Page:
Job postings reveal that most employers are looking for environmental laboratory technicians with a bachelor's degree and some experience. Many employers prefer job candidates to have experience in specific types of laboratory tests and procedures, including water quality testing. Below is a sample of some real job postings from May 2012:
- A county water authority in New York sought an environmental lab technician to work in its lab testing the quality of water. The applicant needed to have a bachelor's degree in environmental science or a related field, and the employer preferred an applicant who had prior experience in testing water quality.
- A chemical manufacturer in North Carolina needed an environmental lab technician with a bachelor's degree in chemistry and at least three years of inorganic lab experience. The applicant needed to have knowledge of wet chemical analysis, inductively coupled plasma (ICP) spectrometry and the toxicity characteristic leaching procedure (TCLP). Applicants were required to have North Carolina Department of Environment and Natural Resources (NCDENR) certifications, in order to work with environmental samples.
- An environmental company in Indiana advertised for an environmental lab technician with a bachelor's degree in biology, environmental science or a related field. The technician must be available for day, night and weekend shifts. The employer preferred an applicant who had at least 40 hours of Hazardous Waste Operations and Emergency Response Standard (HAZWOPER) training, although this was not required. The technician would test for hazardous waste and perform neutralization procedures.
- An environmental lab in Pennsylvania needed an environmental lab technician who had a bachelor's degree in a science field. The applicant should have experience in wet chemistry, field sampling and chain of custody.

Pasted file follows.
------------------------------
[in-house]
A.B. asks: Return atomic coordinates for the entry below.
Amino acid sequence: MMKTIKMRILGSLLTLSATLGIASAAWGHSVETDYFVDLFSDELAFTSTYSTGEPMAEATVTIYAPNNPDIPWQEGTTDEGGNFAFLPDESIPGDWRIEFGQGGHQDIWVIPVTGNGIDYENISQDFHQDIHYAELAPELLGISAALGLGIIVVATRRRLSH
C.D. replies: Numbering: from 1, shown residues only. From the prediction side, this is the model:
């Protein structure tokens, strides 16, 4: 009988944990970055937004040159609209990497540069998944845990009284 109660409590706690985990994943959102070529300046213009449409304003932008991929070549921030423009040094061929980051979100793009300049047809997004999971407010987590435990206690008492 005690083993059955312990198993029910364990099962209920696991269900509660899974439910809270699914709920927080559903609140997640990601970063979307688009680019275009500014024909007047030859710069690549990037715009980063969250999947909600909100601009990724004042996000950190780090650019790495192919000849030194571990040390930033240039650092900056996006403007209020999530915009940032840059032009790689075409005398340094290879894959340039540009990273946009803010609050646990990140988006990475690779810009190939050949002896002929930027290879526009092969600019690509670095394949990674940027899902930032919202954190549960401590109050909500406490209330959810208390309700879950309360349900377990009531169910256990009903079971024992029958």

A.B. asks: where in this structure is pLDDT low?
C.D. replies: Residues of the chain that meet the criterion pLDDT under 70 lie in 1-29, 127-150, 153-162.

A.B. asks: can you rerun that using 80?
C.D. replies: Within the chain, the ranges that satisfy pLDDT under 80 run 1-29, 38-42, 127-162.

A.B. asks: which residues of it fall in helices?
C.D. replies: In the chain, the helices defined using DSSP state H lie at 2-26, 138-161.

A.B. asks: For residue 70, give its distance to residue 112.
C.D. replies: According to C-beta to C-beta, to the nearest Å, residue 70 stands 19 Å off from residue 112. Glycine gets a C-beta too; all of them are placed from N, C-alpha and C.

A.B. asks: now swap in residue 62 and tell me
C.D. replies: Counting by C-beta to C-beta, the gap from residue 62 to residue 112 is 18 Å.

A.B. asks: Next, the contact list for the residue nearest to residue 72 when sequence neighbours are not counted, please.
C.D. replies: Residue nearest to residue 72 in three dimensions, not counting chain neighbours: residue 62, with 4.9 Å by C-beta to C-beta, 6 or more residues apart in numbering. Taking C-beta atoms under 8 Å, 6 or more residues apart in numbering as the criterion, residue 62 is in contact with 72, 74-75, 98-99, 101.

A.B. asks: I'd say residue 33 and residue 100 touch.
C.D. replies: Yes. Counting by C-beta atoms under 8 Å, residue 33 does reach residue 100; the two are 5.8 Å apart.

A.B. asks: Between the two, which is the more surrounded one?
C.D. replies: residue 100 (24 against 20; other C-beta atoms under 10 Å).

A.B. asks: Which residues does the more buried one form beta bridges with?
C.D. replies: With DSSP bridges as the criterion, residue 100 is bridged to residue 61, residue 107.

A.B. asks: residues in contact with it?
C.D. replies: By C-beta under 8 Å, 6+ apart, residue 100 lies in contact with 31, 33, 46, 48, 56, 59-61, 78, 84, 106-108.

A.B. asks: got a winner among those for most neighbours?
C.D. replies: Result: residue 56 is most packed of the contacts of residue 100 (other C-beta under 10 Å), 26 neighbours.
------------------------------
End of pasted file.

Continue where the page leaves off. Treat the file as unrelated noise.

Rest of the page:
Standing Out from Other Applicants
One way you can stand out in the field is by garnering work experience in labs. This can be done through internships or other work programs that are offered by schools. Another way you can stand out is by becoming acquainted with HAZWOPER training. This training is especially important for technicians who plan on working in waste disposal and treatment.
Geological and Petroleum Technicians
If you like lab tech work but you prefer to search out minerals rather than pollutants, you might be interested in becoming a geological or petroleum technician. These workers help scientists find valuable natural resources. They install monitoring equipment and record data to aid engineers in extracting natural gas, oil or minerals. They need to have a high school diploma (or the equivalent), two years of training or an associate's degree to qualify for work. The BLS reported that these workers made a median annual salary of about $50,000 in May 2011, a slightly better salary than environmental lab techs. This career field was expected to have a 15% employment growth during the years 2010-2020, which was about average, according to the BLS.
If you're looking for a career that generally pays better than a technician job and you're willing to complete additional education, then you can become an environmental engineer. These engineers work in a field very similar to environmental lab technicians, but they focus on designing systems that benefit the environment and promote public health. These professionals need to have a bachelor's degree in environmental engineering or a related field. The BLS predicted that these workers would have a favorable employment growth for the decade 2010-2020, at about 22%. The BLS also stated that environmental engineers made median annual wages of about $79,000 in May 2011.